Yesterday, I talked to a good friend about The Encouragement Project and the challenge of growing it.
I told her that I thought I needed to work on the website (I do), but she reflected that this wasn’t the actual priority that I thought it was.
She noted that the articles and the conversations with new people were more important right now – and she helped redirect my attention to something that I had completely missed.
A big part of encouragement is your ability to shine the light in places where others cannot see.
It’s typical to think that encouragement is a hearty pat on the back when, in truth, it is a profound way of living that once you start understanding the parts, becomes a lifelong practice. As you get better and better at raising your awareness and shining your own light on the ab’ abilities, you receive a bigger reward than any gift you can imagine.
You probably won’t know that you might have saved a life, a career, a business, a marriage, or a family, but these are the stakes you are playing for, practicing, practicing.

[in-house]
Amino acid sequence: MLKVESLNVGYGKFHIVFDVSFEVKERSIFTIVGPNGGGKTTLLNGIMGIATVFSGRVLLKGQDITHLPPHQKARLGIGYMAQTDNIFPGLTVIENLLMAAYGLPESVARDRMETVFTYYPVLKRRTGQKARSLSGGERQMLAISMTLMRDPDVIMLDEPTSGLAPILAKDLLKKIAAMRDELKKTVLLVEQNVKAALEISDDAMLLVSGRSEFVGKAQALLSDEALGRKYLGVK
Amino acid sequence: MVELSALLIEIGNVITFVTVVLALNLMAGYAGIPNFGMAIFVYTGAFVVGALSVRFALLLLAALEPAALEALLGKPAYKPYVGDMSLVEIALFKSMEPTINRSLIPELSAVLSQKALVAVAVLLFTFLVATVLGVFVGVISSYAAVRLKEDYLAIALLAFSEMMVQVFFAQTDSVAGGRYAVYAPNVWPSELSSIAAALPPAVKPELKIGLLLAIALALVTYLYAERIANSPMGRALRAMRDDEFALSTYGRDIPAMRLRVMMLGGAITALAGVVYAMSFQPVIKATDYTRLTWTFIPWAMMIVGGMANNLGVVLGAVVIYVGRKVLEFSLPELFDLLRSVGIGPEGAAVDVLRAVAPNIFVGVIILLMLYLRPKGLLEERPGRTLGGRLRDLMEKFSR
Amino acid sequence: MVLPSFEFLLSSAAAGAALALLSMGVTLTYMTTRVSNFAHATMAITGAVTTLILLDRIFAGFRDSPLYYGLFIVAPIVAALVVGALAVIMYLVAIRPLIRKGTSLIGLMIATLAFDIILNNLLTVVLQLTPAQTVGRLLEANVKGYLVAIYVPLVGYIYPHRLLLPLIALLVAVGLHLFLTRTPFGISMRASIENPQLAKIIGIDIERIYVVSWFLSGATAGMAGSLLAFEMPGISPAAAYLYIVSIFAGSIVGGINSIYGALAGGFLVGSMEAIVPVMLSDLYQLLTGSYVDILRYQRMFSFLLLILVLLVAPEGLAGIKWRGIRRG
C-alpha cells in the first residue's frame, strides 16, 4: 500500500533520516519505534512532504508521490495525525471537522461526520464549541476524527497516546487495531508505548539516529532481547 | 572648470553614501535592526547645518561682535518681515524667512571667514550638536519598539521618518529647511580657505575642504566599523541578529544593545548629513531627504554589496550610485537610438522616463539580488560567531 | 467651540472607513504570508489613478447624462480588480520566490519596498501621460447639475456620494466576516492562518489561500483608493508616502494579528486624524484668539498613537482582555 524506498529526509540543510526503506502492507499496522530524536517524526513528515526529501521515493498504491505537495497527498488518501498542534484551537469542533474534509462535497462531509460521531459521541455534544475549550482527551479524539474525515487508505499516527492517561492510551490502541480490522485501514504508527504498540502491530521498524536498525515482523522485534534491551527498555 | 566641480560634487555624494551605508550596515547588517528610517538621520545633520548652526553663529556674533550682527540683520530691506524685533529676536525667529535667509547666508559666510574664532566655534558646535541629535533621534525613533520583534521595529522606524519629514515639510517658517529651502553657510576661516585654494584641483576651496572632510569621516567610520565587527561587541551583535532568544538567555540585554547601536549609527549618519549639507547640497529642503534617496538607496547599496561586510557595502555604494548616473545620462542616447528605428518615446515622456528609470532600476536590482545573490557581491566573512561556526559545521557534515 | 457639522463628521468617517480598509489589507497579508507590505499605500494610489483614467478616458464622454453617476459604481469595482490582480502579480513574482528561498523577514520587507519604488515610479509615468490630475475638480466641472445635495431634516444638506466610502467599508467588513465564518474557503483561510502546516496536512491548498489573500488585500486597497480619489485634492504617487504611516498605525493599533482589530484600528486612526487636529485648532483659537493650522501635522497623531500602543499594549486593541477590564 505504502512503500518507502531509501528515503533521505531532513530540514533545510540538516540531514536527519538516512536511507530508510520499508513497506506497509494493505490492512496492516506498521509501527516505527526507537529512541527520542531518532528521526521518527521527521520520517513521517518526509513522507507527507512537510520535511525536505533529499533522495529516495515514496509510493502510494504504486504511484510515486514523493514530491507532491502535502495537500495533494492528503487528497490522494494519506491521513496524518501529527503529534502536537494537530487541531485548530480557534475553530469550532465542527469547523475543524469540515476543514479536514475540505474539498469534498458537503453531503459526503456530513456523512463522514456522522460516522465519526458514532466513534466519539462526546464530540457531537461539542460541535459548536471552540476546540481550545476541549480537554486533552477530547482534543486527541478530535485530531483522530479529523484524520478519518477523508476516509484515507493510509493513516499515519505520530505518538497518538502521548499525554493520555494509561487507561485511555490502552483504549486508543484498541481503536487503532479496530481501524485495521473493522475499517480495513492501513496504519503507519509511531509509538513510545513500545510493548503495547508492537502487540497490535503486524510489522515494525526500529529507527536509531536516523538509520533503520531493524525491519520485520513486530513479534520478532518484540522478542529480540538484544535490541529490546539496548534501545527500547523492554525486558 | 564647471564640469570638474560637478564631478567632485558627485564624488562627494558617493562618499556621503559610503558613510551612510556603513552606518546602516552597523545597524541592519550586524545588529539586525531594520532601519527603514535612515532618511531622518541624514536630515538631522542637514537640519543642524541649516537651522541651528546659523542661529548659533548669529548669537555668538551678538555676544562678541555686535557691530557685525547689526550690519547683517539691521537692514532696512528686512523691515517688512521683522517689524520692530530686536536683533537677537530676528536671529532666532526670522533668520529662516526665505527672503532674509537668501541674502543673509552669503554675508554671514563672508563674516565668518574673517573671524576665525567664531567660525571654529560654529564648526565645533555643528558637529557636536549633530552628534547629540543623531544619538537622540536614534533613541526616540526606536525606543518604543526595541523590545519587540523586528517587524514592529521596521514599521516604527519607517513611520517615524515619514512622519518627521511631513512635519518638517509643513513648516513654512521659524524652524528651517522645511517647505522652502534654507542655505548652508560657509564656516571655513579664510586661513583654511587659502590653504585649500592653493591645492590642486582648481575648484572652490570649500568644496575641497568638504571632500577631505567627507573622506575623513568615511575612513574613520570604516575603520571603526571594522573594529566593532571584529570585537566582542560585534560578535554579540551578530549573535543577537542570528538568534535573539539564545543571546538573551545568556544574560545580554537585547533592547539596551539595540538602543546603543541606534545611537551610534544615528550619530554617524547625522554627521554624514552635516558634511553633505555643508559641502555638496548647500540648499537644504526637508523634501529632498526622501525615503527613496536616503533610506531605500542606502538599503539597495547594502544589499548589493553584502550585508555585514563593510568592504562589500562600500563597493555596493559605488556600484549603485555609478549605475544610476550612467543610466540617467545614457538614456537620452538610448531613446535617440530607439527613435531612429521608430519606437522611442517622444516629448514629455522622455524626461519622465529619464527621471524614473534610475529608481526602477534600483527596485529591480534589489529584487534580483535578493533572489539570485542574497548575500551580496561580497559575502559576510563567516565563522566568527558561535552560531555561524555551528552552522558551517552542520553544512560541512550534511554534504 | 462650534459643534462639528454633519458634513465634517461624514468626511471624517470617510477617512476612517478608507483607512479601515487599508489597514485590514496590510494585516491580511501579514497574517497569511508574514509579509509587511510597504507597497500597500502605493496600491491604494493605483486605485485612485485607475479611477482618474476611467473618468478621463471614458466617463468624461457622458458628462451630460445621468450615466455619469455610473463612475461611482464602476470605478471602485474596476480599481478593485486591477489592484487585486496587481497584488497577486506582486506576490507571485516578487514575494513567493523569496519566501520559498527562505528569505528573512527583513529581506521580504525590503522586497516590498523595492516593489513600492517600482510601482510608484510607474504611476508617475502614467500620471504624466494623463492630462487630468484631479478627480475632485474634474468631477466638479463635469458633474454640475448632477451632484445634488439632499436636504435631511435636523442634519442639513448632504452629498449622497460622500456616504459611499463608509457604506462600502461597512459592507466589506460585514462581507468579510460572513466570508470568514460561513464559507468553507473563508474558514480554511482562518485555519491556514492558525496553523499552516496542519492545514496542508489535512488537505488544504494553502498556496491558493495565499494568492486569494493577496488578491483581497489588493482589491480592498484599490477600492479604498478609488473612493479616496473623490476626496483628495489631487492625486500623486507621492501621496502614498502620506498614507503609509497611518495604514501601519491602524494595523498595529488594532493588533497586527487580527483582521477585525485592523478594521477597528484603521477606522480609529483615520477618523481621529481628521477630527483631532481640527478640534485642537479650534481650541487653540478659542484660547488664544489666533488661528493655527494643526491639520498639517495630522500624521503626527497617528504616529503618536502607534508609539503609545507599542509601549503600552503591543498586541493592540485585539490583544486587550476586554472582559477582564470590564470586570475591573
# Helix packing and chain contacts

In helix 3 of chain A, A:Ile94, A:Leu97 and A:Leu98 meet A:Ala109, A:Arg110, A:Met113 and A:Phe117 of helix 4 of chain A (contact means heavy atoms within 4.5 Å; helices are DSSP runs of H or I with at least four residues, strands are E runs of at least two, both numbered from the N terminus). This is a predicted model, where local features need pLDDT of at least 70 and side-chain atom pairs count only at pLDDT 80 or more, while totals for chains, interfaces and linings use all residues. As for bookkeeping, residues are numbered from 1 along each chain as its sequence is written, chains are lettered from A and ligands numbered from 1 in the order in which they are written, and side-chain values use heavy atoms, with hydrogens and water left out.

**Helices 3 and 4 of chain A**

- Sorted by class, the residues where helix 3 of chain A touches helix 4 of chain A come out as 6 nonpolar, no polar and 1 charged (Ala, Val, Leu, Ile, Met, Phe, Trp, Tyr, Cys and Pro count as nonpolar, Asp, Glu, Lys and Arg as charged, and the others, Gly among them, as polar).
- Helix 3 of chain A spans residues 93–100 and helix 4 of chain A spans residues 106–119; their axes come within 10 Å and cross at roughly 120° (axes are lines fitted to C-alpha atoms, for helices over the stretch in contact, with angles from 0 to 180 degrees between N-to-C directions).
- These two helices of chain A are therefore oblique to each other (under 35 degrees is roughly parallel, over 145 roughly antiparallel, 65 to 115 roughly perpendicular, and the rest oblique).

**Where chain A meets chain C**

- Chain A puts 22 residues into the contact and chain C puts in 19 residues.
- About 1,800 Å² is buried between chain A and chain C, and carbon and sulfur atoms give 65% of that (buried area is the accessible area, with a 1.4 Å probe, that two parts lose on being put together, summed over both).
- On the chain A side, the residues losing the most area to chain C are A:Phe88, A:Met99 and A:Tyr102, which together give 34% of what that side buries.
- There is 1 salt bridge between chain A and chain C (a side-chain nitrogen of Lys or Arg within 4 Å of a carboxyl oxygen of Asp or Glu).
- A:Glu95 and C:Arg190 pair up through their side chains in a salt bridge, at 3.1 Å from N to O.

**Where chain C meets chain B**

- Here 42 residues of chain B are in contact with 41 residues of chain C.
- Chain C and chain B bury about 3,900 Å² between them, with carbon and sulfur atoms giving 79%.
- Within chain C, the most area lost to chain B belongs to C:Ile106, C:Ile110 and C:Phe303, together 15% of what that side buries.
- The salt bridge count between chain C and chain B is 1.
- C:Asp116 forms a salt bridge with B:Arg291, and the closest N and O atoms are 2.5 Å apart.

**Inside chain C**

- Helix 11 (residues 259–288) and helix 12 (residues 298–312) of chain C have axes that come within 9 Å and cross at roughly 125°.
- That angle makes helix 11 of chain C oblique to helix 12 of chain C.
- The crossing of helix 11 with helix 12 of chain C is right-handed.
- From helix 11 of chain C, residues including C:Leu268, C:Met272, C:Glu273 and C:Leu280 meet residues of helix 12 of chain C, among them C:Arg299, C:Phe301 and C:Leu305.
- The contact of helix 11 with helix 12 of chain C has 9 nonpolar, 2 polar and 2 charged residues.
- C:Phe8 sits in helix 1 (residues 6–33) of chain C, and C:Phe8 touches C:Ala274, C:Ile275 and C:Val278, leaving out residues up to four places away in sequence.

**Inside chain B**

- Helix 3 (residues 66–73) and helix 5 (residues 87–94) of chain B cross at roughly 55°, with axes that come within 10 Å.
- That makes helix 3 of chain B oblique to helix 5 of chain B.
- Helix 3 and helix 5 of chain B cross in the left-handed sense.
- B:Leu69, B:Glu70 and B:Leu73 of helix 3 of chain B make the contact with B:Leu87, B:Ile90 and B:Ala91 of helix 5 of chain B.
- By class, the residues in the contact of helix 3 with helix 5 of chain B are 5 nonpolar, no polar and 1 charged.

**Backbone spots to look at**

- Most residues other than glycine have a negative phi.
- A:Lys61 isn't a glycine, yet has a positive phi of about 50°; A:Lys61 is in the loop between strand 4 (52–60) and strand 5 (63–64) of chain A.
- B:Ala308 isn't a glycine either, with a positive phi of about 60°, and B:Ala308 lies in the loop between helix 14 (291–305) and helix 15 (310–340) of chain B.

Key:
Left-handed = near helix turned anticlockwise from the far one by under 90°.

Many studies have shown that although we work to make the best salary possible, it isn’t the salary that most people place at the top of their lists as the most important attributes in their jobs.
It turns out that it’s appreciation, a feeling of belonging to something bigger, a workplace that is respectful of those who work in it.
How often do we forget to appreciate the smallest act?
How often do we miss thanking someone for that birthday card, the email, the note?
I know I’m the poster child for those things, even though I try hard not to be.
What I do know, for sure, is that when I work on being present in the conversation, I am often given the awareness that I can reflect in positive ways on others.
We may not look it, but we all have fragile hearts that can be broken at any time in a flash. Some breaks can be repaired relatively quickly, but others may take years or more than a lifetime to heal.
Encouragement is a kind of power that anyone can develop. The more you do it, the better you get. The more you use the skills o, the more you help others to flourish. It’s a lifelong practice in creating joy for yourself and others.